FBI searches for victims of defunct bitcoin mining rig as two are arrested

FBI searches for victims of defunct bitcoin mining rig as two are arrested

  • Two Estonians Arrested for Allegedly Committing Crypto Fraud Worth Over $575 Million
  • The Defendants Are the Figures Behind the Now Defunct Bitcoin Cloud Mining Service Provider – HashFlare
  • They would have used the money to buy real estate and luxury cars

The United States Department of Justice (DoJ) announced the arrest of two Estonians in the capital, Tallinn. The department accused them of committing crypto fraud and money laundering. The fraudsters – Sergei Potapenko and Ivan Turõgin – were the minds behind the now defunct Bitcoin cloud mining service provider – HashFlare.

The Estonians are accused of defrauding investors out of $575 million worth of crypto schemes. The Federal Bureau of Investigation (FBI) has taken over the investigation into this case and is looking for potential victims of HashFlare. In addition, if found guilty of committing these crimes, the accused faces 20 years in prison.

Read Bitcoins [BTC] Price Prediction 2023-2024

Defunct-Bitcoin Mining Service Would Bring Home Millions of Dollars

The crypto-mining service provider was a subsidiary of HashCoins OU. The platform provided cloud mining services for Bitcoin, Ethereum, Litecoin, DASH, and ZCash. It filed for bankruptcy in August 2019, citing the crypto bear market and unprofitable bitcoin mining as the reason. And, since the platform operated on an annual contract, a lot of people stood to lose money because the company’s terms and conditions allowed it to end contracts without issuing refunds.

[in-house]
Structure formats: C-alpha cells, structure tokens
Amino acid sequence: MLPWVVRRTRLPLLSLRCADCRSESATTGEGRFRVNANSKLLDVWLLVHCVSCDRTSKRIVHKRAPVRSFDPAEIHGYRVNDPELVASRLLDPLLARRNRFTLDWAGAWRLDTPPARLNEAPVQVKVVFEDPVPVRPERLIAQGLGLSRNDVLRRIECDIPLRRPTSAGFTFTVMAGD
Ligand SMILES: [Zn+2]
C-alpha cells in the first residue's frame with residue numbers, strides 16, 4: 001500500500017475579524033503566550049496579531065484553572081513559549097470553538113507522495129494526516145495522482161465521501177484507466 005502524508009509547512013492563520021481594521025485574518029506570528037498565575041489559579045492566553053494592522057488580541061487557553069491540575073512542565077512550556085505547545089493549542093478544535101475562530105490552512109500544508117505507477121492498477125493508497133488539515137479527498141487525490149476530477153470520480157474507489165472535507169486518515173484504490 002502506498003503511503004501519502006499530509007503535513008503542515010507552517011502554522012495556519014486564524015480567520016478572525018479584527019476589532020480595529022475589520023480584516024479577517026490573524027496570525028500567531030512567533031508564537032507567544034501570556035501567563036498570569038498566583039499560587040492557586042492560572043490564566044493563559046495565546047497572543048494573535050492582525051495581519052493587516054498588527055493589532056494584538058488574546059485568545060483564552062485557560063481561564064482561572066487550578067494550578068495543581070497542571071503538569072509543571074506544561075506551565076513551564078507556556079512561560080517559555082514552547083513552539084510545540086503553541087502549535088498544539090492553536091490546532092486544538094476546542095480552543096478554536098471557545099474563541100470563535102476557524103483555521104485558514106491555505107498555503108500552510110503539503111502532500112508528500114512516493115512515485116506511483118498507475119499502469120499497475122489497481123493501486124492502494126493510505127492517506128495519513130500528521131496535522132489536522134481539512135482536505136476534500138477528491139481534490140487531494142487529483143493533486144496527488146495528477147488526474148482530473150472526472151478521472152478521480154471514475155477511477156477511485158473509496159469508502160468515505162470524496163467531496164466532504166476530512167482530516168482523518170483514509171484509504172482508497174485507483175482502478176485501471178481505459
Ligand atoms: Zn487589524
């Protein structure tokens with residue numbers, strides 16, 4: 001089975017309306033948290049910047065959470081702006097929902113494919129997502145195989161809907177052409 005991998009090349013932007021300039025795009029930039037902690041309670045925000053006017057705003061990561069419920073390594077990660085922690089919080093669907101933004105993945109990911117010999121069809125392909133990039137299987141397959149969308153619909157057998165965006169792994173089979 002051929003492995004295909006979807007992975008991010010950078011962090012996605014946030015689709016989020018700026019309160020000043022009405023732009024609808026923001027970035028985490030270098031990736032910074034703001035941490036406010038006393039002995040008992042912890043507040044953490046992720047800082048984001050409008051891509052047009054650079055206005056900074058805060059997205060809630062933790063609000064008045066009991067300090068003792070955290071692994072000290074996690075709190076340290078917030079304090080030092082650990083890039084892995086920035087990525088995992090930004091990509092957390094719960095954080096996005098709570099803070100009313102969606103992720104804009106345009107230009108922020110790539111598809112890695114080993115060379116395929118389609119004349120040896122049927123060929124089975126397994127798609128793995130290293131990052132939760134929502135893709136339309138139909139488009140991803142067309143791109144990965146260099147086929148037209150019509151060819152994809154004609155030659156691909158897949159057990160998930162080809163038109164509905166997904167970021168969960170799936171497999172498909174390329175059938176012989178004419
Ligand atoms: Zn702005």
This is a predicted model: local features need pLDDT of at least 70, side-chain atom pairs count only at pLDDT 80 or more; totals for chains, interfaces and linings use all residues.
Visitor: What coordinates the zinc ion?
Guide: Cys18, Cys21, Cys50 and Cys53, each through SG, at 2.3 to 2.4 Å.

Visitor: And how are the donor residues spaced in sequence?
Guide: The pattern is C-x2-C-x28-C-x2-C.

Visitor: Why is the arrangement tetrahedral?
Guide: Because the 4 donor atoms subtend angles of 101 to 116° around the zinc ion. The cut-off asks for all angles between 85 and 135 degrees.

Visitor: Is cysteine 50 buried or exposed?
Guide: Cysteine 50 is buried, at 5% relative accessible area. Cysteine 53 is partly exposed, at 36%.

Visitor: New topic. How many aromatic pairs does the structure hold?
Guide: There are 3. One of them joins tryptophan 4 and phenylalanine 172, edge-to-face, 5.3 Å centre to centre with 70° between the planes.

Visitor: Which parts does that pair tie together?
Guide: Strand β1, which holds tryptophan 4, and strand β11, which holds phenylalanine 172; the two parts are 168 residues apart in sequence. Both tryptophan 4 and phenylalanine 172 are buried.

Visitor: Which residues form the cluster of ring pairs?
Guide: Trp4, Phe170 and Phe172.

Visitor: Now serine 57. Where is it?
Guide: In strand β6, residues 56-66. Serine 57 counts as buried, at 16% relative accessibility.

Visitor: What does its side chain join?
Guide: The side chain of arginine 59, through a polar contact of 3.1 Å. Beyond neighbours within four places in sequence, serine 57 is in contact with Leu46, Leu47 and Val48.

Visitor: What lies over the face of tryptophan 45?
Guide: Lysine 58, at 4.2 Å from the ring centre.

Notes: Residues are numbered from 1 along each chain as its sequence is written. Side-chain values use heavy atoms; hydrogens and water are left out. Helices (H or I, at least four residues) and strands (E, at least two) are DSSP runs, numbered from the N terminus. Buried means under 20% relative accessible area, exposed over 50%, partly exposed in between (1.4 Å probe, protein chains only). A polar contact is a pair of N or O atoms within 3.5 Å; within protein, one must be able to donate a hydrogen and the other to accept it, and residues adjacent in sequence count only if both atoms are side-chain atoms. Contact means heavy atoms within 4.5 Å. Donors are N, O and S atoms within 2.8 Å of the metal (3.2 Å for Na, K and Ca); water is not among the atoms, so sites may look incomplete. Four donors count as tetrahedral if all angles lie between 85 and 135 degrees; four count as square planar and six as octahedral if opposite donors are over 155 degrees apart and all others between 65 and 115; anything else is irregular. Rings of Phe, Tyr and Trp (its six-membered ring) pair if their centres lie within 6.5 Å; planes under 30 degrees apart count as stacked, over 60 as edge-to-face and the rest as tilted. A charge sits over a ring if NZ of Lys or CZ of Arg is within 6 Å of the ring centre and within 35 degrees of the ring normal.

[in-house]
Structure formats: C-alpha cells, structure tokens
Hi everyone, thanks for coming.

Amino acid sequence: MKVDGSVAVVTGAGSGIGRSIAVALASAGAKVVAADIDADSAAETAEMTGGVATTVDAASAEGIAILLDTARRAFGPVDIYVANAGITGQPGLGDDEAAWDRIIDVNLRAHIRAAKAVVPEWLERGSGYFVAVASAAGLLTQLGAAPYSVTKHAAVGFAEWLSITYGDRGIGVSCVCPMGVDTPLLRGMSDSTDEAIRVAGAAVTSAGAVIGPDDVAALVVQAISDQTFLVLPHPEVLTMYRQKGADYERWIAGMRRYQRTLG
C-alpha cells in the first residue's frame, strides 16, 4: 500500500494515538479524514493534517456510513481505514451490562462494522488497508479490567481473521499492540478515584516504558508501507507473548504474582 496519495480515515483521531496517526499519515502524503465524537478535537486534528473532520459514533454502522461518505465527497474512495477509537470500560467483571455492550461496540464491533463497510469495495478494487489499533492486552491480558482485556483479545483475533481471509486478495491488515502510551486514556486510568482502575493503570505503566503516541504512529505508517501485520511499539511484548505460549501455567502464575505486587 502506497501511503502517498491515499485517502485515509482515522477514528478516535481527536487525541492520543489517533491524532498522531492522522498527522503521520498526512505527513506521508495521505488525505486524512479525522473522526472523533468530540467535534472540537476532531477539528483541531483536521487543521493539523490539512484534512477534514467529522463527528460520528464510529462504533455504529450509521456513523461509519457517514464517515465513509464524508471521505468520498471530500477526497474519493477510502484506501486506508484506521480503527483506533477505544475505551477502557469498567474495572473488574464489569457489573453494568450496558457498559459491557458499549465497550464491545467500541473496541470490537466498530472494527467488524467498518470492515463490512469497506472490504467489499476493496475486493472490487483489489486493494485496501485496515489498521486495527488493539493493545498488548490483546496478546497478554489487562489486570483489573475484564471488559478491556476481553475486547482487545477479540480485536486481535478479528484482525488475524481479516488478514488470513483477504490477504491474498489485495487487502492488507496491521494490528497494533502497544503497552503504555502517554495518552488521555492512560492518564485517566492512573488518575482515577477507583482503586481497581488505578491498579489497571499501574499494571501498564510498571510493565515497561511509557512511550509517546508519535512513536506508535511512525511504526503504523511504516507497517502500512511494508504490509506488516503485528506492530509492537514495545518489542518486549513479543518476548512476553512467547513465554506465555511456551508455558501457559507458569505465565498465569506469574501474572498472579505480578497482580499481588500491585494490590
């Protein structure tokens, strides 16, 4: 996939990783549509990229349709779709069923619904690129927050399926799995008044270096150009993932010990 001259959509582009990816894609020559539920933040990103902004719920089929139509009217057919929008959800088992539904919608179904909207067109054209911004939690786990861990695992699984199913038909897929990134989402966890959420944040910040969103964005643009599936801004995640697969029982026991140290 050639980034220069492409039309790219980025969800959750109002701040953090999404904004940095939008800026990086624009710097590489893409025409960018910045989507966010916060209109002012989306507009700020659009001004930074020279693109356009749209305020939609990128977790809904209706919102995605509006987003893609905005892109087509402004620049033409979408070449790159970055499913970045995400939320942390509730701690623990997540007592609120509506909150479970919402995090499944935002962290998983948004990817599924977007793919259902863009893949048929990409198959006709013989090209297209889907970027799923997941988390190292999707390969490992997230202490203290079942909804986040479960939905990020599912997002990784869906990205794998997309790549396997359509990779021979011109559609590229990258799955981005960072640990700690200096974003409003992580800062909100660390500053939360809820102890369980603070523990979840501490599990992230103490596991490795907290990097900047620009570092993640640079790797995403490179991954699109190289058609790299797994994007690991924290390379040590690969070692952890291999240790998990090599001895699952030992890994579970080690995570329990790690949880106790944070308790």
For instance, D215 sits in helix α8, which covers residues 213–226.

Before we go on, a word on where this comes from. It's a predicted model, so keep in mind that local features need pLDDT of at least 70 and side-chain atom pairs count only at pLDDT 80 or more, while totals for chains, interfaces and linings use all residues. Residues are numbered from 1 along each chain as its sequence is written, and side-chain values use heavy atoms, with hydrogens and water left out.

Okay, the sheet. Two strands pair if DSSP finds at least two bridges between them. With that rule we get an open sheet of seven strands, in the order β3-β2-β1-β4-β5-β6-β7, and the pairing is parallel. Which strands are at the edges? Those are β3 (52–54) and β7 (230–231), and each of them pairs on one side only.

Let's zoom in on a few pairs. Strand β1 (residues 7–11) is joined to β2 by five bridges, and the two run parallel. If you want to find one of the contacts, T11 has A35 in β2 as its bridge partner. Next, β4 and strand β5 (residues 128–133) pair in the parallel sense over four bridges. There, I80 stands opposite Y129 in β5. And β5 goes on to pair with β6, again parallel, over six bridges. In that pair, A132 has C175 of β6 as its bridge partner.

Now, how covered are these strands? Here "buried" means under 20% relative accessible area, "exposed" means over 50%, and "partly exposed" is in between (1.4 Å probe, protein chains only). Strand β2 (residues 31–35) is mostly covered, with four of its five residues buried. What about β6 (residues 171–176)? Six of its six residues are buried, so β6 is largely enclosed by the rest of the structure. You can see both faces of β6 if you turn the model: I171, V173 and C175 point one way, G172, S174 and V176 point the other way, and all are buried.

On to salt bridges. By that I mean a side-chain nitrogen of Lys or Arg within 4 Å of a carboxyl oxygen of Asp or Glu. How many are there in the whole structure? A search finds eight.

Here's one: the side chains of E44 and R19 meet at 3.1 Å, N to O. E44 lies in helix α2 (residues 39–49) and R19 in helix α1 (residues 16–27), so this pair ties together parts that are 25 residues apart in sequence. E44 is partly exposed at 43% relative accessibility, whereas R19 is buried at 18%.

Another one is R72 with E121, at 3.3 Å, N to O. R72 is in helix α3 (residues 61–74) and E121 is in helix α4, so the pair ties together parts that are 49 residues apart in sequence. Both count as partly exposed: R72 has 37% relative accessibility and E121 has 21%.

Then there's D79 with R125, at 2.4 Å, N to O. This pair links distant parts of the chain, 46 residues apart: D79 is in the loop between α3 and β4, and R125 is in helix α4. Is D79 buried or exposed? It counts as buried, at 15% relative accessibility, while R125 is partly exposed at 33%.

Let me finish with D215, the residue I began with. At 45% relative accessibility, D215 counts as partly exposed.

The latest information provided by the DoJ alleges that Hashflare does not have the mining equipment it claimed to have in the first place. The press release reads further,

“When investors requested to withdraw their mining proceeds, Potapenko and Turõgin were unable to pay for the mined currency as promised. Instead, they either withheld payments or paid investors using the virtual currency the defendants had purchased on the open market, not the currency they had mined.

Notably, the defendants were arrested not only for their involvement with HashFlare but also Polybius, a platform allegedly operating as a cryptocurrency bank. The accused raised nearly $25 million from investors on the promise to pay them dividends for Polybe.

However, the dividends were never paid. And, the collected money was transferred to other bank accounts and wallets controlled only by the accused. Potapenko and Turõgin then allegedly laundered some of those funds to front companies to buy nearly 75 real estate properties and luxury cars.

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